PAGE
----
Songs And Their Sections (Part 2)
Part two considers arrangements: getting right all the instruments order in the.
Making the bits make music. Jon Lewin continues to rip up some mildly successful little numbers in the quest for the perfect arrangement. (How about lots of money without working for it?)
PAY ATTENTION, students of the Making Music school of songwriting: you are now almost fully equipped for penning the rock/pop classic of the late eighties. All that remains is to fill in the few remaining gaps in your collective knowledge with some choice hints on the techniques of arranging and orchestrating the instruments at your disposal.
By "orchestration and arrangement", we don't mean string sections, the RPO, and music scores; we're simply referring to the way ordinary rock/soul/pop bands use their instruments, playing with and against each other. The sort of things that pop groups get producers to do these days.
Take a song, any song. Let's assume that it's carefully crafted (and not just a twelve bar blues), with introduction, verses, choruses, middle eight, and an extended ending. You've written it on your own instrument (mine is guitar, so I'll be writing mainly from that point of view), but you want to record it with all the other instruments commonly found in modern popular music, such as keys, drums, bass, and voice.
Where are the lyrics? Go and get them, read them, and think about the atmosphere they invoke. Try to put yourself into the frame of mind suggested by the words, as this should set the mood for the rest of the song.
Play your intro. It doesn't have to have anything to do with the rest of the song, but traditionally it's part of a melody or a hookline that turns up elsewhere in the song. Listen to Marillion's "Kayleigh", and that arpeggiated guitar/synth part before the rest of the band come in: the Bm and A presage the chords of the verse.
Be careful about the instrumentation. It's not sensible to have all the instruments bashing away right from the start, as you risk unbalancing the dynamics of the rest of the song — put the crescendo at the beginning, and the listener will lose interest later. Try various combinations, like bass and drums, guitar and drums, synth on its own. Experiment, but keep your intro succinct, and attractive to the ear — always keep in mind what it is there to do.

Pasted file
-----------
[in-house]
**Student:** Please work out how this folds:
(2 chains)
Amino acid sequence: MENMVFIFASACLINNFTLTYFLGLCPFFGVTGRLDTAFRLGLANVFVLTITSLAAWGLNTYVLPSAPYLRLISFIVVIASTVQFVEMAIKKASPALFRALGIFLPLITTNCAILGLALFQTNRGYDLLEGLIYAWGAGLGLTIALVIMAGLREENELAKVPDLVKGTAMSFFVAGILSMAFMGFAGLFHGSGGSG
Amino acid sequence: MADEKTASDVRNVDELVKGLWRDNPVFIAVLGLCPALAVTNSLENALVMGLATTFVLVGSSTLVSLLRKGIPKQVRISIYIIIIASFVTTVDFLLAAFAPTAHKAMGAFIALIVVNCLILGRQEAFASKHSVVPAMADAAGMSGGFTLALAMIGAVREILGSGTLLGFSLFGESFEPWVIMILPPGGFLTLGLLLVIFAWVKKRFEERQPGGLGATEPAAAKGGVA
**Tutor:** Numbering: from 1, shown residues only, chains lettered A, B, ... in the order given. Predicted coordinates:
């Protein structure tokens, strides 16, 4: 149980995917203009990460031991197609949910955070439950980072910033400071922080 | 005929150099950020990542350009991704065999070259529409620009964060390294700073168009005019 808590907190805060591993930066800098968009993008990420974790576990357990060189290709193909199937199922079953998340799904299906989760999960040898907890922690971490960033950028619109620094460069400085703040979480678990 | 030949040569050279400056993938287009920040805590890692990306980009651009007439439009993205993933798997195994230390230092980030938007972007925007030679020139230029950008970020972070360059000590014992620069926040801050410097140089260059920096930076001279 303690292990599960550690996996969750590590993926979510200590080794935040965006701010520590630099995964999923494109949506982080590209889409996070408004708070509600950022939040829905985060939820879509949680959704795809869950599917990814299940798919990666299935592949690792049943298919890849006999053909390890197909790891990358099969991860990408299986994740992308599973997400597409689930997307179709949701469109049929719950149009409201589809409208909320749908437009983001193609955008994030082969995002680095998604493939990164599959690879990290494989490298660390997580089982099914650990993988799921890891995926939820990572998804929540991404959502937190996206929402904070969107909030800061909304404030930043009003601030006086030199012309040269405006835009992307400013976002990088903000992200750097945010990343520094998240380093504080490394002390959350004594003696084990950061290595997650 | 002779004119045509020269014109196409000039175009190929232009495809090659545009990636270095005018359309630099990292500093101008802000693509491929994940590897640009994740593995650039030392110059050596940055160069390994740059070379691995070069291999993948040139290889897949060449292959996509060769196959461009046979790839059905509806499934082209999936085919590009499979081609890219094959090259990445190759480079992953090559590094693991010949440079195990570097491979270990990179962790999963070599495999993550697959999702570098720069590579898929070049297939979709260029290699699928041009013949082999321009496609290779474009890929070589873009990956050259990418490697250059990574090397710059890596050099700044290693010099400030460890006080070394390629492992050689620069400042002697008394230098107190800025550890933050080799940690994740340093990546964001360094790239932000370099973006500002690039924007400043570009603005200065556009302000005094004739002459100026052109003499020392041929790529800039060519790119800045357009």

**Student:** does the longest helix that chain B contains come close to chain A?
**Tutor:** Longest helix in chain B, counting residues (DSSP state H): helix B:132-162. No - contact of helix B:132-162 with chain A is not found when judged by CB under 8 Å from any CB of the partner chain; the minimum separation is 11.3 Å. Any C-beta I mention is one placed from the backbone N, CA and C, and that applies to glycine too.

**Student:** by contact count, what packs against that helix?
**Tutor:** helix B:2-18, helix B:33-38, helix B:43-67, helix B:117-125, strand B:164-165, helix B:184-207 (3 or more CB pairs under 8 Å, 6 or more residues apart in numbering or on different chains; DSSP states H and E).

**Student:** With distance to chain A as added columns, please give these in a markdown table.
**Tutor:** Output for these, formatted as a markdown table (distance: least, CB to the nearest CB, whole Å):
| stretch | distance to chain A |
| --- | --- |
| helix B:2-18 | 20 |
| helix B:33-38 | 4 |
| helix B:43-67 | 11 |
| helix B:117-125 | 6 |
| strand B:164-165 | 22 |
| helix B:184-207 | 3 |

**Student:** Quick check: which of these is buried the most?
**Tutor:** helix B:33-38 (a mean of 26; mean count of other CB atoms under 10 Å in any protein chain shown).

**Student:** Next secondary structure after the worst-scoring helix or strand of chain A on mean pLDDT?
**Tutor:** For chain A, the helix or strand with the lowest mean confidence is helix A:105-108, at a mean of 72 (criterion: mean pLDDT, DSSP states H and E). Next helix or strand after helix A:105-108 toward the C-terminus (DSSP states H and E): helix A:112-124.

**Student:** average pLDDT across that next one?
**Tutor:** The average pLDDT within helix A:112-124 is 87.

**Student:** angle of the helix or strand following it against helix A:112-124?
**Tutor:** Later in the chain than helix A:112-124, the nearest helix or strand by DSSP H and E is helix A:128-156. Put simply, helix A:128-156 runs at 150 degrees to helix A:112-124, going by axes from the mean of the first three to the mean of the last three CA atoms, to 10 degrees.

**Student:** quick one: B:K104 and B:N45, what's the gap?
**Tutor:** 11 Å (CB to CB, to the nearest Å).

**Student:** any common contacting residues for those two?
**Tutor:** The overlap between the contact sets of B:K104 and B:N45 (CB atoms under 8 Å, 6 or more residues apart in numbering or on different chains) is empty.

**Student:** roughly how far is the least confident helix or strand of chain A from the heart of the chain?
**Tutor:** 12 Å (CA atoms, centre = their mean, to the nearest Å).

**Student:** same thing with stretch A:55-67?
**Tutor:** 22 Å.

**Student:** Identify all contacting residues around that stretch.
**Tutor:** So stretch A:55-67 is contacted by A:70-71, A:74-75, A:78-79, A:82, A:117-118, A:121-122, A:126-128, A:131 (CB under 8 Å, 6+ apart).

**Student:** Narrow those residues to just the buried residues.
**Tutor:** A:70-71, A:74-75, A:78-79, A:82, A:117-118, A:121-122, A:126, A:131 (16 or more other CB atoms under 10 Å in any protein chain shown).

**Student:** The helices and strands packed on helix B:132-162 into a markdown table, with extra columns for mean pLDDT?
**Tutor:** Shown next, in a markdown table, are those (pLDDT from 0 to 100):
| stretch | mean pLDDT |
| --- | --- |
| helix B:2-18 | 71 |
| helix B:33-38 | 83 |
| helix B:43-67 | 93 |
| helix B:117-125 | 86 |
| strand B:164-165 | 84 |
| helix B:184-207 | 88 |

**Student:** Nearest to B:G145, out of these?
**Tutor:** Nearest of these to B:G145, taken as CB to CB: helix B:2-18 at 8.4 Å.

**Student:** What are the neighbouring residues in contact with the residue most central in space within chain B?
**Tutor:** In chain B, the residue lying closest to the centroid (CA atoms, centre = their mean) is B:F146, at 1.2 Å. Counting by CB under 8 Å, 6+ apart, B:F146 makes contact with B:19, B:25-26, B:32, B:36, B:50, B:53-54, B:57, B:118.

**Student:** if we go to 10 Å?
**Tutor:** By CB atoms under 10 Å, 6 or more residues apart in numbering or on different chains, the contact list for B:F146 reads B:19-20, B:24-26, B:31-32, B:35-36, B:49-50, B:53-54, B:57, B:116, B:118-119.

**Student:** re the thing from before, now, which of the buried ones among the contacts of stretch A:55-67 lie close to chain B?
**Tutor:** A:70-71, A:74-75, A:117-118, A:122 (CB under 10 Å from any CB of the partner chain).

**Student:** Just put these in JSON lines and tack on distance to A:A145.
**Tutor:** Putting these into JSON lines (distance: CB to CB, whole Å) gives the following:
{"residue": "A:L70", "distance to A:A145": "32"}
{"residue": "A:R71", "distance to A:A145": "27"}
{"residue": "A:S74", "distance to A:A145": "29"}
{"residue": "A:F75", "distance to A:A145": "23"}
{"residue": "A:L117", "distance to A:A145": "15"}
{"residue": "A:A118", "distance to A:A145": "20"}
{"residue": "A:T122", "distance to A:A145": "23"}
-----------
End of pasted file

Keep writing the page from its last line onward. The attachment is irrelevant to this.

Here comes the first verse. Try to keep the arrangement simple under the singing — if you've got something to say, give the listener a chance to hear it. Try it with just the rhythm section. If you use both guitar and keys, don't have them both playing chords at the same time — we get so many demos which suffer from this, which can turn a nice chord progression into a thick wodgy mess. Katrina & The Waves' "Walking On Sunshine" save their keyboard for the end of the verse, where the song swells into the chorus. Alternatively, if you can't get either player to shut up, try using acoustic guitar — as the Rolling Stones discovered on their early singles, they make a much more percussive sound than electrics, contributing to the rhythm rather than the chords. If you haven't got an acoustic, try miking up an unamplified electric.
A typical HM ploy is for the bassist to stick on one note through the verse, leaving the singer and guitarist to provide the melody. Leaving one note droning underneath a melody is actually a very, very, very old trick (600 years or so?), so don't be afraid of trying it in other types of music; PIL used drones on guitar, piano, and strings in 'Rise'.
Another interesting device was employed in 'Rise': the fretless bass carries the tune under Lydon's atonal "I could be right..." refrain. This shows that melodic interest doesn't have to come from the lead voice, as many excellent vocalists (favourites of mine like Lou Reed and Nick Cave, for example) have realised.
Treat the vocal carefully: unless you're a Cocteau Twin, don't drown it in reverb. Don't swamp it with echo, or strangle it with chorus and double-tracking effects. Think about the words; if they're one person singing to/about another, try and make the vocal sound as natural as possible. Save the harmonies and complex backing vocals for later.
This is where they should be. Choruses are usually an abstracted comment on what's been going on in the verse; so it's not illogical to suddenly bring in extra voices/heavenly harmonies/etc. Sister Sledge's 'Frankie' is a fine example of this. Change the vocal treatment slightly, even if you're not planning any Crosby, Stills, & Nash impressions (David Lee Roth sings in a different voice on 'Yankee Rose'). One of the main lessons learnt from reviewing demos is that vocals are usually the least professionally recorded element. Get the vocal sounding good, and the listener will immediately take you more seriously.